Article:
HankP's picture

.

I blame it all on the Internet

Obama met today with labor leaders, AFL-CIO, SEIU,

(#296223)

as well as representatives from MoveOn and similar groups. Early word out of the meeting is that Obama seemed to affirm that a) taxes will be going up on the rich and b) whatever savings come out of entitlement programs, benefits would not see a cut. Good news?

The labor and liberal organizations said they made clear their opposition to any benefit cuts to Medicare recipients or increasing the eligibility age. Max Richtman, president and CEO of the National Committee to Preserve Social Security & Medicare, said after the meeting he was confident that "whatever savings come out of those programs would not come out of beneficiaries or citizens, it would be focused more on providers."

"Hell is truth seen too late." --Thomas Hobbes

This

(#296251)
stinerman's picture

whatever savings come out of those programs would not come out of beneficiaries or citizens, it would be focused more on providers.

Seeing as my employer's customers *are* providers, it sounds odd coming from me, but we need to squeeze the providers pretty darn hard.  Medicare and Medicaid are not programs that exist to make providers comfortable.  They exist to make sure old and poor folks get necessary health care.  Competitive bidding has done a lot to get some of the waste out of the system.  It's a little rough around the edges, but moving away from fee for service to bundled payments or managed care is a step in the right direction.

 

Basically, I look at what the doctors are saying about changes to the government insurance programs.  I'm for what they don't want to do.  Our doctors are way overpaid compared to just about everywhere else (especially specialists).  If you want a grand bargain arrangement to work on the malpractice suit side, I can be persuaded. 

The Constitution does not vest in Congress the authority to protect society from every bad act that might befall it. -- Clarence Thomas

I don't believe so

(#296485)
stinerman's picture

Folks around here will prove me right or wrong.

 

Generally the general practitioners aren't, but the specialists certainly are. 

 

In my opinion doctors are just like any other professional.  They have interests and incentives just like anyone else.  They aren't some sort of magical wonder-person that is immune to trying to pad the bill, just like your shady mechanic.

The Constitution does not vest in Congress the authority to protect society from every bad act that might befall it. -- Clarence Thomas

There are all kinds of ways to rationalize overbilling

(#296490)

some patients. You know, so you can take better care of the others. Or you take hooker money from the pharmacy companies to make your practice stronger, more able to hand out real medicine. 

 

The human mind is a marvel, and it can convince us to feel that we're entitled to many, many things.

"Hell is truth seen too late." --Thomas Hobbes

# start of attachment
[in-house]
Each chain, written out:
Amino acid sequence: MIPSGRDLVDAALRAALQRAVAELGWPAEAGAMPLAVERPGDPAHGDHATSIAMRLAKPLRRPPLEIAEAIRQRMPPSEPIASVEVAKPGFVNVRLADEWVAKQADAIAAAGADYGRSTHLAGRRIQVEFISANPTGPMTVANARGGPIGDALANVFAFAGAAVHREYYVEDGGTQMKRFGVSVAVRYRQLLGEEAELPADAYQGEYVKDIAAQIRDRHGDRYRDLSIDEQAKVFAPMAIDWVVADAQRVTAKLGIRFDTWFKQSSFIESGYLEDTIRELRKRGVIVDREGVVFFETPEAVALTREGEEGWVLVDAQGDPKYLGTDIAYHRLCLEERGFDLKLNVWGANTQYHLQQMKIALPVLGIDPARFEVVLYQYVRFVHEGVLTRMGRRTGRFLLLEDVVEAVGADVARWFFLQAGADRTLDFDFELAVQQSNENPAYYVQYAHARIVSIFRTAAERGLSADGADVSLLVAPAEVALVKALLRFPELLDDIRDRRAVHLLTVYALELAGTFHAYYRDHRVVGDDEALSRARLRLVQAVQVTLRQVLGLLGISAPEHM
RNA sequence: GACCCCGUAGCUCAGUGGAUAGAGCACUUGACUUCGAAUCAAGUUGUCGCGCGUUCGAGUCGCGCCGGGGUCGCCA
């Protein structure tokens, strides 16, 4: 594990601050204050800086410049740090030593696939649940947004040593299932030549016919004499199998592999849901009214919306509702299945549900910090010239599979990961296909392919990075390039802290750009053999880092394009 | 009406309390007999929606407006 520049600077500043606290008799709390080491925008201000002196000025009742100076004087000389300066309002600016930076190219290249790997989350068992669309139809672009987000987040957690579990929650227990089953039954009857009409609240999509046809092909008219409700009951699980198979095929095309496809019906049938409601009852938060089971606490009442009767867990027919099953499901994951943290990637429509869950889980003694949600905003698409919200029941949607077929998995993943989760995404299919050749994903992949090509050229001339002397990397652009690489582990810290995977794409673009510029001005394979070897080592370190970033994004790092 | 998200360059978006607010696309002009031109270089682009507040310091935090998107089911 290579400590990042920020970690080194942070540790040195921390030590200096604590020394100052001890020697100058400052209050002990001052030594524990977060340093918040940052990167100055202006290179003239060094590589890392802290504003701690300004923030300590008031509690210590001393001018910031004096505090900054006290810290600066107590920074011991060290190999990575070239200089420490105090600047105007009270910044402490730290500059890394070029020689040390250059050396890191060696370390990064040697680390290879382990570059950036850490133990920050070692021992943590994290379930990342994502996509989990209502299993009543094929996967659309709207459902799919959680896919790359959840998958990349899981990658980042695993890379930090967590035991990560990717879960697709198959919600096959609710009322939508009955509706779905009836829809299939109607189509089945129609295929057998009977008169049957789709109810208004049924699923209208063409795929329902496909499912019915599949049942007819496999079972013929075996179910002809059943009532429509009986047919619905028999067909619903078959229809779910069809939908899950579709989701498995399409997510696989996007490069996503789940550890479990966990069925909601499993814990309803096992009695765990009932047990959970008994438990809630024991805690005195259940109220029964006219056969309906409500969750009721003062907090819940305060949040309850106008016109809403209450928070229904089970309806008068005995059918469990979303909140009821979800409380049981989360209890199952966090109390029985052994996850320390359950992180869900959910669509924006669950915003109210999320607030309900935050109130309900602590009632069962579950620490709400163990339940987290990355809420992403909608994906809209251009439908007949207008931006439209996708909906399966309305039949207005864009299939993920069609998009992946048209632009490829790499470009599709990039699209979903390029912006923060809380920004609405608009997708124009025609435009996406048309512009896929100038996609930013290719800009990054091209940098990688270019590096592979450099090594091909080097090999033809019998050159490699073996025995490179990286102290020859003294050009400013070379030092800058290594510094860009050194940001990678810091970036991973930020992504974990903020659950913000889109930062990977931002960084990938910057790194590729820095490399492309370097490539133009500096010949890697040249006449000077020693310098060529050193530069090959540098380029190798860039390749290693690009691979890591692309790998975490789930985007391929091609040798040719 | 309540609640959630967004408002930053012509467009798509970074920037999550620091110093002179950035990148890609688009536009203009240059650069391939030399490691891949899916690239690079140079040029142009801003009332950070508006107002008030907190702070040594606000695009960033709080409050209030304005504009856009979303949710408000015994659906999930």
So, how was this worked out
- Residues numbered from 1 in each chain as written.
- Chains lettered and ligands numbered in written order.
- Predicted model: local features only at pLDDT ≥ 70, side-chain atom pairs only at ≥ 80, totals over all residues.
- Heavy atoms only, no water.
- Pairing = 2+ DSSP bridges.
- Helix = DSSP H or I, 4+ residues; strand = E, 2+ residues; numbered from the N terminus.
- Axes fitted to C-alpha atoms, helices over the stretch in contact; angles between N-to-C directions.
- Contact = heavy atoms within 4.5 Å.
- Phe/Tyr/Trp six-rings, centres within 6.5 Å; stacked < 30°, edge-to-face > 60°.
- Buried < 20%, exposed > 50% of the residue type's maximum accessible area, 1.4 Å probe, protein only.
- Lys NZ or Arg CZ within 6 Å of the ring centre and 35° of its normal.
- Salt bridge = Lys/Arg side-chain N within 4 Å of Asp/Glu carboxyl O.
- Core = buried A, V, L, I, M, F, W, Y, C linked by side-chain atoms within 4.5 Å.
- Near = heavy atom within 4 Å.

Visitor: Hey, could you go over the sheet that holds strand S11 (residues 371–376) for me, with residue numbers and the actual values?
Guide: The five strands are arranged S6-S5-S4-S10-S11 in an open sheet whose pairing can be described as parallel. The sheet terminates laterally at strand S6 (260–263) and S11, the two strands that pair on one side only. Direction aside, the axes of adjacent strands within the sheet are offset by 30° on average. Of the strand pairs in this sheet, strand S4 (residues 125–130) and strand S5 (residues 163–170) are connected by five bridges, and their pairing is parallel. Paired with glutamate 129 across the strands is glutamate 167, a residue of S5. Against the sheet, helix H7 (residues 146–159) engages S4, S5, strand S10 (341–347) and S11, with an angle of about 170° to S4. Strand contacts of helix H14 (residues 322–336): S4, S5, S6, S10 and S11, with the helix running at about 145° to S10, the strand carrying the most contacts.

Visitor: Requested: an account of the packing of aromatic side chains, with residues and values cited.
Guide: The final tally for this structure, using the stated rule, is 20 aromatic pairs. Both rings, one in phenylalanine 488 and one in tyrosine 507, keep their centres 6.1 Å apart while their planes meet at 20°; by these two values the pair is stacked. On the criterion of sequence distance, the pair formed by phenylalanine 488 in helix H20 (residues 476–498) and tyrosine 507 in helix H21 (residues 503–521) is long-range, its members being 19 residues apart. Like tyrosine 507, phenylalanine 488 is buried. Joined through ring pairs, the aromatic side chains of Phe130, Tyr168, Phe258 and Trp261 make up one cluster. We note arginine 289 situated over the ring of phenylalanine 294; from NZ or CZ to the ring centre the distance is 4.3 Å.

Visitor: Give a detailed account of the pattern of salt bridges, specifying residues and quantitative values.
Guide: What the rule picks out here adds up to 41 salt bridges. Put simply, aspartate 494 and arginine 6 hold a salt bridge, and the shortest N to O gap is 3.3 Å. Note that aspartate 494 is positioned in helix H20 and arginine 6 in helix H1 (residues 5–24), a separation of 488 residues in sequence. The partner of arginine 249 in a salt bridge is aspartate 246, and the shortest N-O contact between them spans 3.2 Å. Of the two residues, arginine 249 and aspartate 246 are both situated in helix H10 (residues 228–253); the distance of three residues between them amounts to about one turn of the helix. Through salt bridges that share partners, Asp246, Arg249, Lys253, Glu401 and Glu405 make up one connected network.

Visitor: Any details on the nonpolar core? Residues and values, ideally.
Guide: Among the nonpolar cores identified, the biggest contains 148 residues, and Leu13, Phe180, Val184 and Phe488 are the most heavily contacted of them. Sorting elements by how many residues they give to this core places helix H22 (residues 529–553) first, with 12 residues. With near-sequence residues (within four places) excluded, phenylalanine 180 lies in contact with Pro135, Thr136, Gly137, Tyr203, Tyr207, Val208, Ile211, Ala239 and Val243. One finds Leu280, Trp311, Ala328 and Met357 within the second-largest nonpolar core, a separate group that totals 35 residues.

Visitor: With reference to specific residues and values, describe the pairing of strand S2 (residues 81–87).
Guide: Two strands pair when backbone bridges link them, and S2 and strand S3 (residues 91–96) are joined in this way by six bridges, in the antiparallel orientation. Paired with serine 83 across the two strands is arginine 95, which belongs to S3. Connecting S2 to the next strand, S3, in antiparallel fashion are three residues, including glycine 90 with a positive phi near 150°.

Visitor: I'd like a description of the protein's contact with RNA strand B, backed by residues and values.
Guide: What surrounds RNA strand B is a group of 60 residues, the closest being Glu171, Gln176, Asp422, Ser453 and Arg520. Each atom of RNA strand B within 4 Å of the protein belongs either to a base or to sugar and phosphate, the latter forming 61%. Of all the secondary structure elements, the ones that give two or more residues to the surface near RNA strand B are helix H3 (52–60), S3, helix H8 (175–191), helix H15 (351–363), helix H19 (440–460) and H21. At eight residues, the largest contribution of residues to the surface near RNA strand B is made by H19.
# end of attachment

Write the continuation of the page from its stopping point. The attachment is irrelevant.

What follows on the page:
But everything is pretty precisely laid out these days.

(#296491)
mmghosh's picture

So much for so and so procedure, or consultation.  And all insurance companies have guidelines about how much a certain procedure is charged.

 

Here is a Kaiser Permanente fee schedule I was able to find.  We have pretty much the same thing here (much less complex, it must be said).  A colleague of mine works for a BPO that does the back office calculations of medical costs in the US - he says its pretty much standardised.  

And what's left to the doctor's discretion?

(#296493)

Whether to do the procedure or not, of course.

"Hell is truth seen too late." --Thomas Hobbes

My beef is with the layers

(#296454)

My beef is with the layers and layers of redundant middle men and large back offices needed to code and process things for insurance reimbursement.  There is a ton of waste in the US medical system, cut that and pay the physicians/providers who do the actual work.

Congress has abdicated responsibility

(#296484)
stinerman's picture

This is one place where they absolutely need to define standards.  I mean there are standards.  NCPDP D.0 for pharmacy claims and X12 5010 for medical claims.  But there are no standards for what an insurance company can reject the claim for.

 

I know I've said this before, but it bears repeating.  My employer had to make a program change because a particular commercial insurance company decided that they would reject any claims where the ordering physician's name was not in all capital letters.  Here's one we heard about this week.  This is a CMS-1500 form, which is the industry standard for billing on paper.  See there in Box 10 there are checkboxes relating to how an injury occurred.  See that box for the place?  That's supposed to be used to describe in which state the accident occurred, if there was one.  Well a particularly large commercial insurance company decided that that box always had to be populated with the state wherein the patient resides if 10b is "No".  Oh, and if there was no accident, you are to not check any of the boxes.  That's right, if you checked each box as "No", even if that was an accurate representation of the situation, they'd reject the claim as being in an incorrect format.